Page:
The text of the statement, which was signed by over 450 civil society organisations and has been translated into Czech, French, German, Spanish, Catalan, Polish, Italian, Portuguese, Bulgarian and Romanian reads:
„We, the undersigned civil society organisations from Canada and Europe, hereby express our deep concern about the Comprehensive Economic and Trade Agreement (CETA) between the EU and Canada. During the long process of the deal’s negotiations and legal check, we repeatedly pointed out major problems with the CETA text. We provided concrete inputs, which could have triggered a shift towards a more transparent and democratic trade policy with the protection of the environment and people’s fundamental rights at its core. But our concerns have not been addressed in the CETA as signed in October 2016. This is why we are stating our firm opposition to the ratification of the agreement.
Our objections are shared by a growing number of citizens on both sides of the Atlantic. A record 3.5 million people from all over Europe have signed a petition against CETA and its twin agreement, the EU-US Transatlantic Trade and Investment Partnership. Over 2,100 local and regional governments have declared themselves TTIP- and CETA-free. Constitutional challenges against CETA have been filed in Germany and Canada and the legality of CETA’s controversial privileges for foreign investors will likely be ruled on by the Court of Justice of the European Union.
On both sides of the Atlantic, farmers, trade unions, public health, consumer, environmental and digital rights groups, other NGOs, as well as small and medium-sized enterprises (SMEs) have rejected the agreement. In October 2016, concerns in four sub-federal Belgian governments about the agreement’s negative impacts, and, in particular, its dangerous “investment court system”, nearly stopped their federal government from signing CETA.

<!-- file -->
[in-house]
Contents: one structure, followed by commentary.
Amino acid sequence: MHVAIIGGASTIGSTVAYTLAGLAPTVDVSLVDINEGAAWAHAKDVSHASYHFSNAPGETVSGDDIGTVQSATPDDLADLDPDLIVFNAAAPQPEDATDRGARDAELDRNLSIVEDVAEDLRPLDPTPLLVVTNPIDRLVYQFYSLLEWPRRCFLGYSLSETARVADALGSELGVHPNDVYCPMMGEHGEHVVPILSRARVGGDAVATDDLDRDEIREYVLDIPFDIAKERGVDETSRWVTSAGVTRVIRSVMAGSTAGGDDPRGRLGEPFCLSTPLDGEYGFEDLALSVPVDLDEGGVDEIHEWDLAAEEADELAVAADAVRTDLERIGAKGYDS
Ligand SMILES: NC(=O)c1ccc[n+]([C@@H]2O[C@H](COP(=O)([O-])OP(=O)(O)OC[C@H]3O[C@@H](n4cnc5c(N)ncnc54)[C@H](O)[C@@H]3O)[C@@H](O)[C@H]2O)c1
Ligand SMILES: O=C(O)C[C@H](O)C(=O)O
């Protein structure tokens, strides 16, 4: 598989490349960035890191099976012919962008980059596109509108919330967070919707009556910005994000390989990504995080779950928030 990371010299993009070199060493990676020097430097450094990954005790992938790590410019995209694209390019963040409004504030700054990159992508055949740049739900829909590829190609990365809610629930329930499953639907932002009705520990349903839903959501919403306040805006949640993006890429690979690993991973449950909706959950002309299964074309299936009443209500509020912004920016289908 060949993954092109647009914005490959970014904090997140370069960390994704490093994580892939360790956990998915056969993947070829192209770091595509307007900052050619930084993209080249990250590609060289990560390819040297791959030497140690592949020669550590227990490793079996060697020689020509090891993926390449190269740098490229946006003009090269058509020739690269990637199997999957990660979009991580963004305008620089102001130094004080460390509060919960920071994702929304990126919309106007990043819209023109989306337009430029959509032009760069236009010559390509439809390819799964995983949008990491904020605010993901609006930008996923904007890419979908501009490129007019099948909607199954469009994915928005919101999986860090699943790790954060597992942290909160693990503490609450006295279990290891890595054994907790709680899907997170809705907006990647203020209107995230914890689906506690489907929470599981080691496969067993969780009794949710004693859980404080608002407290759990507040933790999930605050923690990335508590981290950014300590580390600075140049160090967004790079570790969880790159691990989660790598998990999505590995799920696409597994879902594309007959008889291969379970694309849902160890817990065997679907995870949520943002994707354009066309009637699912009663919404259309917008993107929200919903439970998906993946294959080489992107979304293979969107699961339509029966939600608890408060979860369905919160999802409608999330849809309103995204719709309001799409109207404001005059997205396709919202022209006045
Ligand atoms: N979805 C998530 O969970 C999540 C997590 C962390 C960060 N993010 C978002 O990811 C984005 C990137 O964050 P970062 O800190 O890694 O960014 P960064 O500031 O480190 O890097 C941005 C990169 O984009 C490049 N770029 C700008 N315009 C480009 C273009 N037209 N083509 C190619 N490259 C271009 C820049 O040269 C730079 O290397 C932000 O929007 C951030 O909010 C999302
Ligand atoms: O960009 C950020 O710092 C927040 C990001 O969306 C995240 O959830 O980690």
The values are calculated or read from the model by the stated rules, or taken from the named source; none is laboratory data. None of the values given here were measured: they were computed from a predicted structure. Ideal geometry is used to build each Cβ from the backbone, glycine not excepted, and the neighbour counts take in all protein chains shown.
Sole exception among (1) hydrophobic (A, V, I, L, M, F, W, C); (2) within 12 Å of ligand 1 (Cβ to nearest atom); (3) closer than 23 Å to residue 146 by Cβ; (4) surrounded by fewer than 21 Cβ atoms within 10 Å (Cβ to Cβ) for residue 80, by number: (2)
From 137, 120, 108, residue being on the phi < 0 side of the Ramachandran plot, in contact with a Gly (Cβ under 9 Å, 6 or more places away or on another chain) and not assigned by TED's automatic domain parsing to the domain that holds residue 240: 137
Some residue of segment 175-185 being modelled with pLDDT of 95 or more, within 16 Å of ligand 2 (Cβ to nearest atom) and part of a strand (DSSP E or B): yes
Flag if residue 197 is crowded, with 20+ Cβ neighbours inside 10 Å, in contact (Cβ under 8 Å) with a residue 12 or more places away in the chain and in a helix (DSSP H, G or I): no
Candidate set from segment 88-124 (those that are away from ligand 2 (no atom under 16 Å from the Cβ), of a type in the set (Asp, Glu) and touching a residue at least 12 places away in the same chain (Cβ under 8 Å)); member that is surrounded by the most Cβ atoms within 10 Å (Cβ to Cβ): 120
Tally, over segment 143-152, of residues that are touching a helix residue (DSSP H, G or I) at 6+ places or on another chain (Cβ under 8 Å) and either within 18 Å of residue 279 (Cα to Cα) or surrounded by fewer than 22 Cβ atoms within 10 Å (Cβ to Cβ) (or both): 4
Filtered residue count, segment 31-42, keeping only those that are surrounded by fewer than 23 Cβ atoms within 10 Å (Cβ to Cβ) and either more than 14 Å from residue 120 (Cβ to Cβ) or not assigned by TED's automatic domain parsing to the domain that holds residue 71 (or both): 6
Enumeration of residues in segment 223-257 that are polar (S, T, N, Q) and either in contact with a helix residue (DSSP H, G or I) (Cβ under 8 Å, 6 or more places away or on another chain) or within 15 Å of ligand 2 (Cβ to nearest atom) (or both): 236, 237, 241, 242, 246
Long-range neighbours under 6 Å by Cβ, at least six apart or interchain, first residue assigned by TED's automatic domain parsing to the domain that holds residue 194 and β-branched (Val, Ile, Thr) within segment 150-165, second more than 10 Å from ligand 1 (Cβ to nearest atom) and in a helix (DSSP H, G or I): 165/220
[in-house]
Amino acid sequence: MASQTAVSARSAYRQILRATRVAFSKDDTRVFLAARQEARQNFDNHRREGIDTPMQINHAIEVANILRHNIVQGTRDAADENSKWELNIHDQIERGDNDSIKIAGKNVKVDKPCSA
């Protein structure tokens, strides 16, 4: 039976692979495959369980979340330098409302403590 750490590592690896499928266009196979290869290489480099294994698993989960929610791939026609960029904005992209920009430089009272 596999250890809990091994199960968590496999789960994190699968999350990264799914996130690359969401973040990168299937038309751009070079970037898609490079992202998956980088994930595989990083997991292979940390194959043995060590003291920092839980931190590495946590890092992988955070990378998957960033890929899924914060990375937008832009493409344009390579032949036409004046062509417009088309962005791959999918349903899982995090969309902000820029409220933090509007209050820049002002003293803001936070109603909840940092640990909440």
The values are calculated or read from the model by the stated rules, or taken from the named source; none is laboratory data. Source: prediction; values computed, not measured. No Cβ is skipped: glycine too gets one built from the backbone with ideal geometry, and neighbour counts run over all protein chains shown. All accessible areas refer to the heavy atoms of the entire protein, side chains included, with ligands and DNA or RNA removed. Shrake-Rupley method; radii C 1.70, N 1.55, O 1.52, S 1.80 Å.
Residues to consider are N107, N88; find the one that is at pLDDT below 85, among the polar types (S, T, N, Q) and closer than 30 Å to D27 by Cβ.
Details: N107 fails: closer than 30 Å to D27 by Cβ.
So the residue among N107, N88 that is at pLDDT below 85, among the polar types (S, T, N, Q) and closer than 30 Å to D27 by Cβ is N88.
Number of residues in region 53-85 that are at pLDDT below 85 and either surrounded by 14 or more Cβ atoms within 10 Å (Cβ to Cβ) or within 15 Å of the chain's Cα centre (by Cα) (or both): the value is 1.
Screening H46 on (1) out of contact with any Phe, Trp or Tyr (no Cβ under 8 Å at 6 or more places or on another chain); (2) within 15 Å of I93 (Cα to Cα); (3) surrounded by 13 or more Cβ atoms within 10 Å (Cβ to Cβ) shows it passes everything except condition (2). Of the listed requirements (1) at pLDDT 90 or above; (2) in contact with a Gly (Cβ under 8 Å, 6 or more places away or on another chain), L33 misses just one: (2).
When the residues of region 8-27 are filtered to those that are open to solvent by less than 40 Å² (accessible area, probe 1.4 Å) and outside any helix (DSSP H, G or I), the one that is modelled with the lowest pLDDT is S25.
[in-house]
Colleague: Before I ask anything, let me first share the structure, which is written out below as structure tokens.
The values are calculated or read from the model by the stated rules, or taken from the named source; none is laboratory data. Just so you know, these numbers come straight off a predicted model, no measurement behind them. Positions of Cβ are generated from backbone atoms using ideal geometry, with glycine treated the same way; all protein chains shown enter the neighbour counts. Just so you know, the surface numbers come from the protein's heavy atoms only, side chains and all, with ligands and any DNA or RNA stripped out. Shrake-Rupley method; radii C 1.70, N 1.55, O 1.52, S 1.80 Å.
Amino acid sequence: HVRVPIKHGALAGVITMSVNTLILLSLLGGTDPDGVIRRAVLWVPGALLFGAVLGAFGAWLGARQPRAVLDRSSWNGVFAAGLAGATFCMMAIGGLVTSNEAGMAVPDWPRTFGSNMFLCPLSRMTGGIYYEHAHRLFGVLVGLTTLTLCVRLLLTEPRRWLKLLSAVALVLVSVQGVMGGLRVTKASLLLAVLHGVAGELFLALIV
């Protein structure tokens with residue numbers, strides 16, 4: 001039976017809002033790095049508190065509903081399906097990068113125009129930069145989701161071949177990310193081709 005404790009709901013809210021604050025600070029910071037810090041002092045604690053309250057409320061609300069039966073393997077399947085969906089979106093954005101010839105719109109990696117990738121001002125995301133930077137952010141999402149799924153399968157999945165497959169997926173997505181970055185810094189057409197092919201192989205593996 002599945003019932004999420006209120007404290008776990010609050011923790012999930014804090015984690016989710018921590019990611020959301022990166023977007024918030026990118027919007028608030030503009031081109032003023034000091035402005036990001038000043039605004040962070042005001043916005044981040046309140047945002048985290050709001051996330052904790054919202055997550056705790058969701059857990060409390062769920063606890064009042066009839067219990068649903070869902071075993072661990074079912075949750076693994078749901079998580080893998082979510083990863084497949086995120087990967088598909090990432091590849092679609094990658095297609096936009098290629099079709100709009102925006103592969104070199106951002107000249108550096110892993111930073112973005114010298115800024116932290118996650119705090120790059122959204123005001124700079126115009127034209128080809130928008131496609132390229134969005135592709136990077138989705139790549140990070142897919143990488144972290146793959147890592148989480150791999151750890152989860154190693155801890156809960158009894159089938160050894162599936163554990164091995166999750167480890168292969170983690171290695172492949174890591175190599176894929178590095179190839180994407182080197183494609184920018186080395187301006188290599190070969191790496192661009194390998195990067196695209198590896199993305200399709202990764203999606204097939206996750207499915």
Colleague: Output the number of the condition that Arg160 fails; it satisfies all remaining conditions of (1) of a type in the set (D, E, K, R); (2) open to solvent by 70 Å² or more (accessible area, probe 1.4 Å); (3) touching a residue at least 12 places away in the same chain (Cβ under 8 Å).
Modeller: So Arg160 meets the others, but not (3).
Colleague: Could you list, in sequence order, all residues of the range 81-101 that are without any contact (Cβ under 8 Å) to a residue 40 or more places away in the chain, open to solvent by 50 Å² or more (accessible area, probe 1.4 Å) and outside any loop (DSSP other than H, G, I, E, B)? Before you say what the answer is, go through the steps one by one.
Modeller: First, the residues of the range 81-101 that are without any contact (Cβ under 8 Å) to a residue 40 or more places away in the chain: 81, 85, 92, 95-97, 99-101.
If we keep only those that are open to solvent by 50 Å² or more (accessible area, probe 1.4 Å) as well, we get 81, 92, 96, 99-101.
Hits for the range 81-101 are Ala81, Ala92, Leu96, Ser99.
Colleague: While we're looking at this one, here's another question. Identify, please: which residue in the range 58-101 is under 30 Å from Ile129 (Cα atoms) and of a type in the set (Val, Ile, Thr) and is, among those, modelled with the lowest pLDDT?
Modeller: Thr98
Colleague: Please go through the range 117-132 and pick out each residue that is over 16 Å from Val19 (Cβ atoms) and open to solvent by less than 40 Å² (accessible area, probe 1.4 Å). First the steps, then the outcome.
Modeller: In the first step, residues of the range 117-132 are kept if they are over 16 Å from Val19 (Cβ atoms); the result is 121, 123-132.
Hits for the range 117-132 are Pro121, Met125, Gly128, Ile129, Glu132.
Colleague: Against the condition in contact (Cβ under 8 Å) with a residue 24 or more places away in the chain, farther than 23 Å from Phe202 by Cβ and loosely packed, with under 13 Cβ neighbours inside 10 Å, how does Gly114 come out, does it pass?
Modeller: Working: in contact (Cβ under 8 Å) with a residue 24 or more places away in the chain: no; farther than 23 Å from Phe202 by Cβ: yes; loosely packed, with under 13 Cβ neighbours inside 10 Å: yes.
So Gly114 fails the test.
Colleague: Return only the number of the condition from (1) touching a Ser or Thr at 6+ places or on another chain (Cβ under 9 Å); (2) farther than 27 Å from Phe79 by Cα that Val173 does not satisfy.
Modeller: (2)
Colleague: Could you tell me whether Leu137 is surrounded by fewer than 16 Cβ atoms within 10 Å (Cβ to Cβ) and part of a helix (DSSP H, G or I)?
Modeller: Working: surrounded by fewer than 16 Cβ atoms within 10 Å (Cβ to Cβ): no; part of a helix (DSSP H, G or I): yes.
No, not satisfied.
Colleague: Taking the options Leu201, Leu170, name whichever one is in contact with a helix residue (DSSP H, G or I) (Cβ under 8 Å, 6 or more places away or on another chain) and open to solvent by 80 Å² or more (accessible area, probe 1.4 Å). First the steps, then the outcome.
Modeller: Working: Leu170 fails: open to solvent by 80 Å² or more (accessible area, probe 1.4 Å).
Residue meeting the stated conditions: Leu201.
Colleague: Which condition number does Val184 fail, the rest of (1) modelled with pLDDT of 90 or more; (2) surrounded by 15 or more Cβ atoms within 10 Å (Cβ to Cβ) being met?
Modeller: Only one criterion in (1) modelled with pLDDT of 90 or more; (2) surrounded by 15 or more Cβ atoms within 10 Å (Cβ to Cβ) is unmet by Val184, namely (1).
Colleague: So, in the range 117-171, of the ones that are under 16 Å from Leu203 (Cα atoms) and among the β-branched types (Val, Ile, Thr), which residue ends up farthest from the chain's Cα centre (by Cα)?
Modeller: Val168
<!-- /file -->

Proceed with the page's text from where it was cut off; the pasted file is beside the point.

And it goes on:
Despite the controversy, the Canadian government and the EU institutions are trying to expedite CETA’s ratification. In Canada, legislation that would bring the agreement into force has already been introduced, without allowing time for any public consultation on the final agreement. The European Parliament also seems set to cut short its internal consultation processes, thereby limiting debate over ratifying the 1,600-page-long CETA text. After that, large parts of the agreement would be brought into force provisionally – long before the parliaments of all 28 EU member states have had their say.
To gain support for CETA ratification and allay concerns, numerous declarations have been attached to the text in the past months. But not a letter of the CETA text has been changed since its final version was published in early 2016. And despite the accompanying statements, including a EU-Canada “Joint Interpretative Instrument”, fundamental problems arising from the problematic CETA text remain, as experts have demonstrated.
We wish to highlight some of our fundamental concerns about the agreement as signed:
- CETA would empower thousands of corporations to sue governments over legitimate and non-discriminatory measures to protect people and the planet. Nothing in the agreement or the accompanying declarations would stop corporations from using CETA’s investor rights to bully decision-makers away from public interest regulation, for example to tackle climate change. CETA even leaves the door open to “compensating” corporations for unrealised future profits when a change in policy affects their investment. Far from “radically” reforming the investor-state dispute settlement process, CETA expands and entrenches it.
- CETA’s Investment Court System (ICS) grants highly enforceable rights to investors – but no corresponding obligations. It does not enable citizens, communities or trade unions to bring a claim when a company violates environmental, labour, health, safety, or other rules. It risks being incompatible with EU law as it establishes a parallel legal system, allowing investors to circumvent existing courts. The ICS is discriminatory because it grants rights to foreign investors that are neither available to citizens nor to domestic investors.
- In stark contrast to the rights for corporations, CETA’s provisions on labour rights and sustainable development cannot be effectively enforced through sanctions. They remain empty statements with no bearing on the dangers that other chapters in the agreement pose to workers’ rights, environmental protection and measures to mitigate climate change.